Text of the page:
Biplab Mishra is an additional professor of surgery from All India Institutes of Medical Sciences (AIIMS), delhi. His area of interest/specialization is thoracoabdomial trauma and thoracic surgery. He has publications in more than 18 journals. He is the fellow of American college of surgeons (FACS) and international college of laparoscopic surgeons (fcls). He is program director of management of acute wounds in ed (mawe) course and course director of advanced trauma life support (ATLS) course. He was awarded ‘Shaurya Puraskar’ for exemplary performance/surgical achievement in managing cases of penetrating torso trauma impalement by an iron rod and ruptured heart secondary to trauma in 2009 and ‘Delhi Ratan’ for recognition of significant contribution to humanity.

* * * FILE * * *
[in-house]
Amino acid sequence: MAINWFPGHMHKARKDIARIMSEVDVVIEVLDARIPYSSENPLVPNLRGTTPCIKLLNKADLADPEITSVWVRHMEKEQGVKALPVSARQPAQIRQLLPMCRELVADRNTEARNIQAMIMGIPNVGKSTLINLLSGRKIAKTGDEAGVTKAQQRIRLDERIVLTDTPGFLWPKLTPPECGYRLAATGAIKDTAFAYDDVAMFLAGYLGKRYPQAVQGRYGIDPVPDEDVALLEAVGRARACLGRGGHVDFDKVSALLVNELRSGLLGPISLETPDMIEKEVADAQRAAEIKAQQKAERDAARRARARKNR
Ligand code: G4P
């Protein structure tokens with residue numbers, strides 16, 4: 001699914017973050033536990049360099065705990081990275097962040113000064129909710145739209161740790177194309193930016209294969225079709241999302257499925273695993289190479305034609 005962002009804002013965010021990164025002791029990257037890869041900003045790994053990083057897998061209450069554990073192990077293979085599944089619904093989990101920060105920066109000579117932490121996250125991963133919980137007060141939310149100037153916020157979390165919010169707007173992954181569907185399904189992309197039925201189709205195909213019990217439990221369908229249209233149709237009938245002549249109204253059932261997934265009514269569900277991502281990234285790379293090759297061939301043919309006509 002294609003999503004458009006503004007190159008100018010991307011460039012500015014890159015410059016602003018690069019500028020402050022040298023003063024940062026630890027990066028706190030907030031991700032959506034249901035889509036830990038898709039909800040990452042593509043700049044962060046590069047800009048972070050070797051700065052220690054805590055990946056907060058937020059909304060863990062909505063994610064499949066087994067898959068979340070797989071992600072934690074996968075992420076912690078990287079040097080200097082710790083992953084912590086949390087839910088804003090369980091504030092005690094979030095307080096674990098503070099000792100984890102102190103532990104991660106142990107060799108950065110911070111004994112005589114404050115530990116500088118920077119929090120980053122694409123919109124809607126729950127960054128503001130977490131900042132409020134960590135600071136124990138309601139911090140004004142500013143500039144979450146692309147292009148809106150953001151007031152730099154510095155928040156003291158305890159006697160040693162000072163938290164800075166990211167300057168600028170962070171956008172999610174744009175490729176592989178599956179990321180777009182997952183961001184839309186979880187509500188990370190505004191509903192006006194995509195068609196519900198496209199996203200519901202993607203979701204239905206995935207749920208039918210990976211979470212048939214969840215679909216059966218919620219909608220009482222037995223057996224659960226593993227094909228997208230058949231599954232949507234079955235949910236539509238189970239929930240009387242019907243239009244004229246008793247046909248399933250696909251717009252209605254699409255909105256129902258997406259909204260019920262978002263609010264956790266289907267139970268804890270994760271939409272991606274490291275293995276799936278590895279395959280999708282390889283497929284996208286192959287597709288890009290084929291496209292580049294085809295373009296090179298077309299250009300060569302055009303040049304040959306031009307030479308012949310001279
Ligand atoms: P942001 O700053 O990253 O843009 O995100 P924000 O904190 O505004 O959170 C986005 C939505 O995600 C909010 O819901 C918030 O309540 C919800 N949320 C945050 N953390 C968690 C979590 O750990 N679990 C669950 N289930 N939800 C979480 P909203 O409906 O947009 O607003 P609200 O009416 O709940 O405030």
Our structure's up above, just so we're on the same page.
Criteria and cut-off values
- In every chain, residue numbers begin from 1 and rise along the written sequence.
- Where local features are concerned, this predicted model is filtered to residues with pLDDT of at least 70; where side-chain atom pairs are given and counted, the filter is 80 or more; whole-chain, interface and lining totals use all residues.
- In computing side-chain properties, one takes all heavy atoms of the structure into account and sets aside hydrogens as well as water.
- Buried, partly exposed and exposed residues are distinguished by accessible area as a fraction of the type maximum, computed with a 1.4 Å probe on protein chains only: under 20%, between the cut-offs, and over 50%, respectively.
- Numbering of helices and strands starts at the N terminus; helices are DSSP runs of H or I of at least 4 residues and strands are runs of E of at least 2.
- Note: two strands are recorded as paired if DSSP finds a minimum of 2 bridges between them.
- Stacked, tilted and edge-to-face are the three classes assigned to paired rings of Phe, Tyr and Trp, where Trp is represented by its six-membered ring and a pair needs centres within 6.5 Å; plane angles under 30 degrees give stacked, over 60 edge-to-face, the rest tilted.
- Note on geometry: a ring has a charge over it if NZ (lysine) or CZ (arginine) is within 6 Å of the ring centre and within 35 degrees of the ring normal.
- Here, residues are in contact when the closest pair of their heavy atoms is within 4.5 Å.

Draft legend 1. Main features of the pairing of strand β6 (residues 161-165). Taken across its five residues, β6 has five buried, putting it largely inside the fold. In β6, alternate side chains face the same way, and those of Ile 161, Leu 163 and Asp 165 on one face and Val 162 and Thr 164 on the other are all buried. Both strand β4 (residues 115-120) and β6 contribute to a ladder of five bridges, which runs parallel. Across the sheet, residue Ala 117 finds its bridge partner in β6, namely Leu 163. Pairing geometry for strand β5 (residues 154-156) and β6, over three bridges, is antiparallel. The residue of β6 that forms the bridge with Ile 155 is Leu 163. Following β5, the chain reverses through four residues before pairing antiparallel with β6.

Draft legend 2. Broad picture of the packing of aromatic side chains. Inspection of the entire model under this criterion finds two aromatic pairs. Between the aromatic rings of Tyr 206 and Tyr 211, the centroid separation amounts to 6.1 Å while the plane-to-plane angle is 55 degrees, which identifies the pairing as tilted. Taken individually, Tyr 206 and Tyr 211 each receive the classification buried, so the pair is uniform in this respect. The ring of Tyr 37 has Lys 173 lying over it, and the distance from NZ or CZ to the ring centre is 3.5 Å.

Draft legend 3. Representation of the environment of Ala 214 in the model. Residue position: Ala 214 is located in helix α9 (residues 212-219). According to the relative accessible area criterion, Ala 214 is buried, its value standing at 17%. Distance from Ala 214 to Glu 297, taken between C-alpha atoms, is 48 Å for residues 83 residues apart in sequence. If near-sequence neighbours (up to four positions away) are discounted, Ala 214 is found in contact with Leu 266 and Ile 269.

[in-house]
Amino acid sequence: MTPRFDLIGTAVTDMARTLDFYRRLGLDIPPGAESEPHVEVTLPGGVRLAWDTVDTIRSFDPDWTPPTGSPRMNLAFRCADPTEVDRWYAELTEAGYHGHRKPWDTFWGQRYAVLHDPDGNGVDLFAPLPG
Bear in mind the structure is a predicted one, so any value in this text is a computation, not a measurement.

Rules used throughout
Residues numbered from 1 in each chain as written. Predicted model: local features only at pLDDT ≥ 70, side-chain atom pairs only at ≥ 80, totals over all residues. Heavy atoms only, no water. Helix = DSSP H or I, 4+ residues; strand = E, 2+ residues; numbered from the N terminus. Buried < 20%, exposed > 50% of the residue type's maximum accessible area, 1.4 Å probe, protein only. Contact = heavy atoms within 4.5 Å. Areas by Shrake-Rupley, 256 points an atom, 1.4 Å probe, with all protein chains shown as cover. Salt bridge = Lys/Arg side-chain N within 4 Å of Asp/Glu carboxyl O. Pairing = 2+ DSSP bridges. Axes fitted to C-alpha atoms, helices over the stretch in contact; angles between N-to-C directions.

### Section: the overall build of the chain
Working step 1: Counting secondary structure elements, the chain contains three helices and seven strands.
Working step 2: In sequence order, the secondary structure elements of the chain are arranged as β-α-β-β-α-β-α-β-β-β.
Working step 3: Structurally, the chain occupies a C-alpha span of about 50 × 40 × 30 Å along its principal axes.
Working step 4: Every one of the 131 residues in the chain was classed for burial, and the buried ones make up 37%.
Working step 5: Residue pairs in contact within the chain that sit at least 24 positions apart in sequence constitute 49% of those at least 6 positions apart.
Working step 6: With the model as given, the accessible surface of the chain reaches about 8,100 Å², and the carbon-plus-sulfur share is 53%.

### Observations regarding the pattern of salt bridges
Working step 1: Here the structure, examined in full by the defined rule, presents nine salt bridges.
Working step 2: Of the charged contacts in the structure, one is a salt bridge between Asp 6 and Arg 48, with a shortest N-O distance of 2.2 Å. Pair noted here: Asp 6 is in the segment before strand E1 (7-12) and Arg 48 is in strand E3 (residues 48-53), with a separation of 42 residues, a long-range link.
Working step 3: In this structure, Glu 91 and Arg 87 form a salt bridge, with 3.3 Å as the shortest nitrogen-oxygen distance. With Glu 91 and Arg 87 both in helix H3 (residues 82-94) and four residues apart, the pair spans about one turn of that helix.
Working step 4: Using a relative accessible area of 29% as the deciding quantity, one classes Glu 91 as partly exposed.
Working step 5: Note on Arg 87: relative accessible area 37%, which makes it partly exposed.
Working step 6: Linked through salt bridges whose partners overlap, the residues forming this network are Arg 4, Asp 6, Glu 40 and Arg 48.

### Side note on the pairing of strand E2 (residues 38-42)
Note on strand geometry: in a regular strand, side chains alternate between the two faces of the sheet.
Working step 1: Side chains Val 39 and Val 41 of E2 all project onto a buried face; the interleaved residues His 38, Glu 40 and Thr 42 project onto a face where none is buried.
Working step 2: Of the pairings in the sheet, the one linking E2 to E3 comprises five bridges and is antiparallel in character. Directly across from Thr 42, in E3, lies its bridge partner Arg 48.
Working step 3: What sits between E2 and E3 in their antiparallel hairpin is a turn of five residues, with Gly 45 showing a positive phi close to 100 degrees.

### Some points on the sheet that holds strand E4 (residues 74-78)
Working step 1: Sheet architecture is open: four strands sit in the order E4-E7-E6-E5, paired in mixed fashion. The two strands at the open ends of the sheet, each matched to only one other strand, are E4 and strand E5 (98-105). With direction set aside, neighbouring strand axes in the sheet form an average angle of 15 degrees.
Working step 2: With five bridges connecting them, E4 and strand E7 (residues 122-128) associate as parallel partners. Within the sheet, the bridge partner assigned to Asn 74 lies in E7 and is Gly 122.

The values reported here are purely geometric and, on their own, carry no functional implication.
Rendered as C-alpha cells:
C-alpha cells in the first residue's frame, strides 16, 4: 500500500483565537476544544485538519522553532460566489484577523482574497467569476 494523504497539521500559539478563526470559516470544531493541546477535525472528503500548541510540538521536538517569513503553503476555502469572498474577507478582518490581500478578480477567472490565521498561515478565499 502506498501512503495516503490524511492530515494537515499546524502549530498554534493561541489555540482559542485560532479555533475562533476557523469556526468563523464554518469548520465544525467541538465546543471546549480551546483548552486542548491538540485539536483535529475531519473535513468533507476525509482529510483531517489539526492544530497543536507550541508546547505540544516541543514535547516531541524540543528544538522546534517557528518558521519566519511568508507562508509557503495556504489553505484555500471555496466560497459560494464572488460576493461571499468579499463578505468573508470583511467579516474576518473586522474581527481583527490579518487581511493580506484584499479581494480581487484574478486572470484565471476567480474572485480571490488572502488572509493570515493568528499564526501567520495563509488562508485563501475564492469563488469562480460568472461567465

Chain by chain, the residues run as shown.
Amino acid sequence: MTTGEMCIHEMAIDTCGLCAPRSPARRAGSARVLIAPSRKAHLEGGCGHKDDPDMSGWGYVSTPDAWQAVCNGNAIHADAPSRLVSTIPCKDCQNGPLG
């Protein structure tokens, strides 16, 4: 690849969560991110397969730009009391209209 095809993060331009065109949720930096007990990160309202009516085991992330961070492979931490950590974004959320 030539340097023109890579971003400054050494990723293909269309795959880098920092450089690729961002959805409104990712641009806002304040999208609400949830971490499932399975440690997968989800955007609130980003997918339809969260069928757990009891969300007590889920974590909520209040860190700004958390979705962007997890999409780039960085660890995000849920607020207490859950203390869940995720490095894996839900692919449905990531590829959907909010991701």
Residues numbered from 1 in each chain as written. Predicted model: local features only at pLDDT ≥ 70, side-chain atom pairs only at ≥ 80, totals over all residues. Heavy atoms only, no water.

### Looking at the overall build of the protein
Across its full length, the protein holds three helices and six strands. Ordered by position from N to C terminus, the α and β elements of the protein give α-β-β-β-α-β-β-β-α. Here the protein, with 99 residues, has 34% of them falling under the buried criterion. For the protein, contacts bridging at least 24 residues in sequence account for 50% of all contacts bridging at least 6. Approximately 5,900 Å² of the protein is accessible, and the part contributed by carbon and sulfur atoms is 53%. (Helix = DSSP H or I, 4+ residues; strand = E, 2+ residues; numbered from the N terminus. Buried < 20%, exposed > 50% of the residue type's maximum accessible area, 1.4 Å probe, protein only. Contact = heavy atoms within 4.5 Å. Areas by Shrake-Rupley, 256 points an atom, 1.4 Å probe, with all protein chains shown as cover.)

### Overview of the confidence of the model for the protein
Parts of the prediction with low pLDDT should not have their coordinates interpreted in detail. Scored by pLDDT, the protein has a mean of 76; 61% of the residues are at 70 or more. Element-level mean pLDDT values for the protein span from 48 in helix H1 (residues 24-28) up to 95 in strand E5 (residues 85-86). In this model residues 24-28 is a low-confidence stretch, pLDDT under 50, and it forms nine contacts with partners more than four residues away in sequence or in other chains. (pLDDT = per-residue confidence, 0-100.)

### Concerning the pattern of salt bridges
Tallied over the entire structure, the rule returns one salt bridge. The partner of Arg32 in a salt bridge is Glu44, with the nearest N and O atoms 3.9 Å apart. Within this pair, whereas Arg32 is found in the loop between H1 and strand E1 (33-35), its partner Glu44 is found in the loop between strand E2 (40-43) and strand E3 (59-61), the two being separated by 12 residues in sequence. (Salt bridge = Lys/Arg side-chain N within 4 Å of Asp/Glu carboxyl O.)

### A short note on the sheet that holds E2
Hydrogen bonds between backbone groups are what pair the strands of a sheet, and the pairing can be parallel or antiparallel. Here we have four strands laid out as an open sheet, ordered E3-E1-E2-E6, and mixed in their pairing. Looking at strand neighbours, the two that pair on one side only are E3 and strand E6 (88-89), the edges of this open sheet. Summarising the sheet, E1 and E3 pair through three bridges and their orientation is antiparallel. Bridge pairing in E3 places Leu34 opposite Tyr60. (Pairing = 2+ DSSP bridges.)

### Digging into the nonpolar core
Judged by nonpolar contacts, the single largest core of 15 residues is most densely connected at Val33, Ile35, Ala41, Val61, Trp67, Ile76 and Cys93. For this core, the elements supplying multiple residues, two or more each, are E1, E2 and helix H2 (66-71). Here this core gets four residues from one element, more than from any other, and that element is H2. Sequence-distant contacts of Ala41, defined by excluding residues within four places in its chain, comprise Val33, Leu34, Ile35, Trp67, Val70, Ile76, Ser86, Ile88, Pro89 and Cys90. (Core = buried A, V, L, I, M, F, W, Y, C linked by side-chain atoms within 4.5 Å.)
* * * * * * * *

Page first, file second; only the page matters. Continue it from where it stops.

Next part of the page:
Exploratory laparotomy with perihepatic packing by surgical sponges is a standard procedure for patients with hemorrhagic shock from liver trauma. If the patient is not hemodynamically stable/stabilizing even after perihepatic packing, the patient is subjected to angiographic embolization after identifying the bleeder. For such intervention the angiography catheter has to traverse through the common hepatic artery which runs through the hepatoduodenal ligament. In our experience, it was observed two cases where the angiography catheter failed to negotiate through the hepatic artery (in hepatoduodenal ligament) after perihepatic packing. Interestingly there was blood flow in the same vessel (demonstrated by angiography) but the extrinsic compression was not enough to cause blood flow to stop, but enough to cause failure of catheter negotiation especially through vascular bends. It happened during the initial experiences of hepatic artery embolization and as a policy perihepatic packing around the hepatoduodenal ligament was avoided. In 80 cases over past five years, such problem was never observed before. It is suggested that this phenomenon occurs due to compression of hepatoduodenal ligament by sponges and would like to name this as ‘Mishra phenomenon’ after the surgeon who first observed it. To the best of our knowledge, there is no mention of such phenomenon in literature. The implication of this phenomenon is that if we are aware of this, we can avoid perihepatic packing around hepatoduodenal ligament preventingextrinsic compression of common hepatic artery so that angioembolization if needed is not jeopardized.

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